A totalitarian state doesn’t just happen overnight. It’s a slow, dangerous slide. 25 Perfect Days chronicles the path into a hellish future of food shortages, contaminated water, sweeping incarceration, an ultra-radical religion, and the extreme measures taken to reduce the population.
Higher taxes, strict gun control, an oppressive healthcare system. Complete media control, genetically modified food, experimentation on citizens. The push of depersonalizing technology, unending wars, government sanctioned assassinations. Is this collection of stories merely science fiction or soon to be fact? Are these policies designed for the greater good or disguised to benefit a chosen few at the expense of the masses? Is this brave new world the best we could do or part of a sinister grand plan?
Through these twenty-five interlinked stories, each written from a different character’s point of view, 25 Perfect Days captures the sacrifice, courage, and love needed to survive and eventually overcome this dystopian nightmare.
Although I don’t read them as often as I used to, I love short stories. Perfect short stories can say so much in so few words and this is a quality in writing I appreciate. It’s a small piece of emotionally packed imagination slipped into your day and it can make all the difference to your mood.
Some short stories are ones I feel would read better as novellas or full novels. I’m sure all readers have come across them and I think 25 Perfect Days falls into that category. I don’t believe falling into such a category means the stories are unreadable, but if you throw in some character development and more back story, there might be something greater for the reader to invest themselves in.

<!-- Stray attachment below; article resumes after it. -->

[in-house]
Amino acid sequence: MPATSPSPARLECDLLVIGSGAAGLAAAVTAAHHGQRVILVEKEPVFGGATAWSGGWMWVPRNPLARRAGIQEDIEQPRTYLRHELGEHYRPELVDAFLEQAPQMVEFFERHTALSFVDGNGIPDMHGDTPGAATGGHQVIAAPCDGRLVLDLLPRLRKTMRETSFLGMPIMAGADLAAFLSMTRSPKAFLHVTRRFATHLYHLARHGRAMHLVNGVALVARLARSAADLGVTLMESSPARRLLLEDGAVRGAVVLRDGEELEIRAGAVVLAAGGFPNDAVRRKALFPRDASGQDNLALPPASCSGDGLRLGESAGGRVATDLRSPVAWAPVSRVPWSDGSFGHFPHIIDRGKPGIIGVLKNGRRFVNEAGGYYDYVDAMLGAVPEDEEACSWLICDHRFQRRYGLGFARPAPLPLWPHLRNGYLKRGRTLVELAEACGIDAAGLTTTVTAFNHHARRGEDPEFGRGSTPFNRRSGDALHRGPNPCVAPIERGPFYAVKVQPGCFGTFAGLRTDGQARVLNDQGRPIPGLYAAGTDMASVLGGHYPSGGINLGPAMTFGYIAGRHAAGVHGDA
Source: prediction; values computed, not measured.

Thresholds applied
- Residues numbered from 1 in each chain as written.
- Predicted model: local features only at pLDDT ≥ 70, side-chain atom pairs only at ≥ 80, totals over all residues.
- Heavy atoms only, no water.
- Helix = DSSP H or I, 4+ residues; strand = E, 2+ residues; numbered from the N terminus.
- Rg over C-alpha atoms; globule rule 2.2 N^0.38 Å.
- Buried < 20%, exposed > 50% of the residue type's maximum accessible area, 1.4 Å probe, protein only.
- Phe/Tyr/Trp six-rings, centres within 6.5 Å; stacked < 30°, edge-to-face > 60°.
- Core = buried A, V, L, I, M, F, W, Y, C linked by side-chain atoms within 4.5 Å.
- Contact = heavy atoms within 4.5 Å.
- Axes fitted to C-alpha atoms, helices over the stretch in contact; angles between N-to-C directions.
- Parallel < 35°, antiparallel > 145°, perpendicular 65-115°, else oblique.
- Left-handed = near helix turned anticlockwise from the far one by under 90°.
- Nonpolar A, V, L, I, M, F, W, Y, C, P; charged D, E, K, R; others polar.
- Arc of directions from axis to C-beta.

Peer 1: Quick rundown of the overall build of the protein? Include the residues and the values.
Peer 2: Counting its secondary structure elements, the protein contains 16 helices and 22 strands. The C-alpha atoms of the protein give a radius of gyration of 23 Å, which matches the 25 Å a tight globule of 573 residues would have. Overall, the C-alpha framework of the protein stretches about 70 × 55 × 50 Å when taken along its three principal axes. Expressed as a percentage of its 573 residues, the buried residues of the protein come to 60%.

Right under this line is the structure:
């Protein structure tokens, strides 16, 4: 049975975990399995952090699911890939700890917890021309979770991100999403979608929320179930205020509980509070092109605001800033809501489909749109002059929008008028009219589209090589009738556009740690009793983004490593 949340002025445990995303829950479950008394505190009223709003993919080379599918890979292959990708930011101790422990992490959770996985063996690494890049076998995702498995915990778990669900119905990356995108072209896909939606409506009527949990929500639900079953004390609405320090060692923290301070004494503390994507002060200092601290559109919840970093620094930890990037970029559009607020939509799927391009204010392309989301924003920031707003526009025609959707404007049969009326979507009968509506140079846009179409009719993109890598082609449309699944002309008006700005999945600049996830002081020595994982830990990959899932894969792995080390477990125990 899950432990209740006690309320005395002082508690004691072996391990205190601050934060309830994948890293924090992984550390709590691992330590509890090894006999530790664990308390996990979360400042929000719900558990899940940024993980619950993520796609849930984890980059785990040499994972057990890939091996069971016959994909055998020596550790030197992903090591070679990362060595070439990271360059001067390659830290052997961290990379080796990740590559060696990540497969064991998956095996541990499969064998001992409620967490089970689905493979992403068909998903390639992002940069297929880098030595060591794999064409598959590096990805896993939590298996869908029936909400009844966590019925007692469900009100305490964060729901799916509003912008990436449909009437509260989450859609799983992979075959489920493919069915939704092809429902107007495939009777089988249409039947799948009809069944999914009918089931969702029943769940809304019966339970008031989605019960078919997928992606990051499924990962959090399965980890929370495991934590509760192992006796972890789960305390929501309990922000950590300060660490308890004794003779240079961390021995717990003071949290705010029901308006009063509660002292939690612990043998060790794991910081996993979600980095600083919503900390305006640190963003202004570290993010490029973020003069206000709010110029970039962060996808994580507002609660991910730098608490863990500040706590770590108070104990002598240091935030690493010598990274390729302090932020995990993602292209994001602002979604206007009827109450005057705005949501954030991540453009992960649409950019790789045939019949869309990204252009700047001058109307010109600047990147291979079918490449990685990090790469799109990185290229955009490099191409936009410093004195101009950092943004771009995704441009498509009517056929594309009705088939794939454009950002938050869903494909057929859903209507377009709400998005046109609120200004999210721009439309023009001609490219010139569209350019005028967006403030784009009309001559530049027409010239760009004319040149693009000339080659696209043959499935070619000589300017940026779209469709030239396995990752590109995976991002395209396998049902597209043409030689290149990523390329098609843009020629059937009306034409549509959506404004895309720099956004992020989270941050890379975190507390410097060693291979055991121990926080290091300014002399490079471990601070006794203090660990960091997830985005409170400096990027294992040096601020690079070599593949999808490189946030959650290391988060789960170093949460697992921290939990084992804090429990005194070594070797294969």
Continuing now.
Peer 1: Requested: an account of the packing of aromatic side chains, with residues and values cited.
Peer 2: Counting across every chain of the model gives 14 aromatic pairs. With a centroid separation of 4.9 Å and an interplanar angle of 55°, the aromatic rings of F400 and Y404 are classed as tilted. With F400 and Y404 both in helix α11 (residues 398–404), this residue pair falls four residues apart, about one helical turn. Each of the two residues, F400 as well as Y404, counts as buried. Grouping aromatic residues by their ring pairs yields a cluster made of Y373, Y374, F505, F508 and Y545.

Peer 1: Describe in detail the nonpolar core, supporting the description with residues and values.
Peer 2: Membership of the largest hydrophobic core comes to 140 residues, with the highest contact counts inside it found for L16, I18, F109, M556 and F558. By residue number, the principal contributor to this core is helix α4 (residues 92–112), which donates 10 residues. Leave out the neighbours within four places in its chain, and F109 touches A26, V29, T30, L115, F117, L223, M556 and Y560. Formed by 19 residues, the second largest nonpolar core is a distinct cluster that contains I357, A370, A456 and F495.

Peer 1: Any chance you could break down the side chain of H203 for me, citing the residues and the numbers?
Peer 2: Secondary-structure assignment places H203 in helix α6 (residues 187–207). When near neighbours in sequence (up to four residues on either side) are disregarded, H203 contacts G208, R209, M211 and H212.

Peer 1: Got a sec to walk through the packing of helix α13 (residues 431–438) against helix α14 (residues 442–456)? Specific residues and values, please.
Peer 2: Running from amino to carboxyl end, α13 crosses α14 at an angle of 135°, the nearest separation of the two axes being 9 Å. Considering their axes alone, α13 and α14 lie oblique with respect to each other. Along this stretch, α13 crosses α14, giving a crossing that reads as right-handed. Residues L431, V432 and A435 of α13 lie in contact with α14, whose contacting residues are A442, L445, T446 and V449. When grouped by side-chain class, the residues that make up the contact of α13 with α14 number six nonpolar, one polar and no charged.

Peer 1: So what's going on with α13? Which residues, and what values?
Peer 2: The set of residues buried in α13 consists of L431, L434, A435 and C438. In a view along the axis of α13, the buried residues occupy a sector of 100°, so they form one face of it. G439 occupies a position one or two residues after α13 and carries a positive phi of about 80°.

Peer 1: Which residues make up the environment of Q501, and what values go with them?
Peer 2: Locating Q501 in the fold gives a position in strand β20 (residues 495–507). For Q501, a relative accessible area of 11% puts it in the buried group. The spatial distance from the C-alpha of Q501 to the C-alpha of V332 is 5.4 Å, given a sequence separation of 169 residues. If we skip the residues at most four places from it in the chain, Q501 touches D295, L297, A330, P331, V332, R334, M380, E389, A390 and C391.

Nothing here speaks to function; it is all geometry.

Each story is connected in some way; the settings are based on the same fundamental world-building, the characters are related somehow, and their journeys intersect as well as adding more depth to each tale. The reason I would have preferred 25 Perfect Days to be more of a novel rather than interconnected short stories is due to confusion. The basics were obvious; the government was manipulating the public, a new religion had been born and was dominating society and infiltrating the government, something horrible happened to bring it all about, and life was terrible for everyone in some way.
My confusion was more focused with character details and circumstances. A few stories didn’t quite meet the mark when it came to conclusion. One particular story, the best example, is about Claire Wells who goes and lives with a family in Hollywood Hills. Something happens to Claire, but I don’t understand it. I’m not arrogant enough to say I’m a genius (I know I’m not) but I would like to think I’m not daft either.
I spent the rest of the novel trying to figure out what Claire’s story meant and how it was related, as well as a few others, and it wasn’t until right at the end when I discovered how her story was connected to the 25 Perfect Days tapestry. It did not help with how the stories didn’t come across as connected until the midway point, even though when you begin reading you know they’re all of the same theme.
The character connections listed at the end made me appreciate the story more and, besides the stories without enough detail for my liking, some of the stories really got to me. I ended up being on the depressed side by the end, but found I couldn’t put the book down after the halfway mark. With the evident connections the pace and my interest picked up, which has now helped me get out of my reading rut.
- Genre: Dystopia – Short Stories Add to Goodreads
- Rating Out of Five: ♥♥♥
- Meet The Author: Mark Tullius – Twitter – Facebook
- Format: eGalley Published: 15th of March, 2013, by Vincere Press
- Special Thanks To: NetGalley
- Find At: Author’s Website – Amazon US
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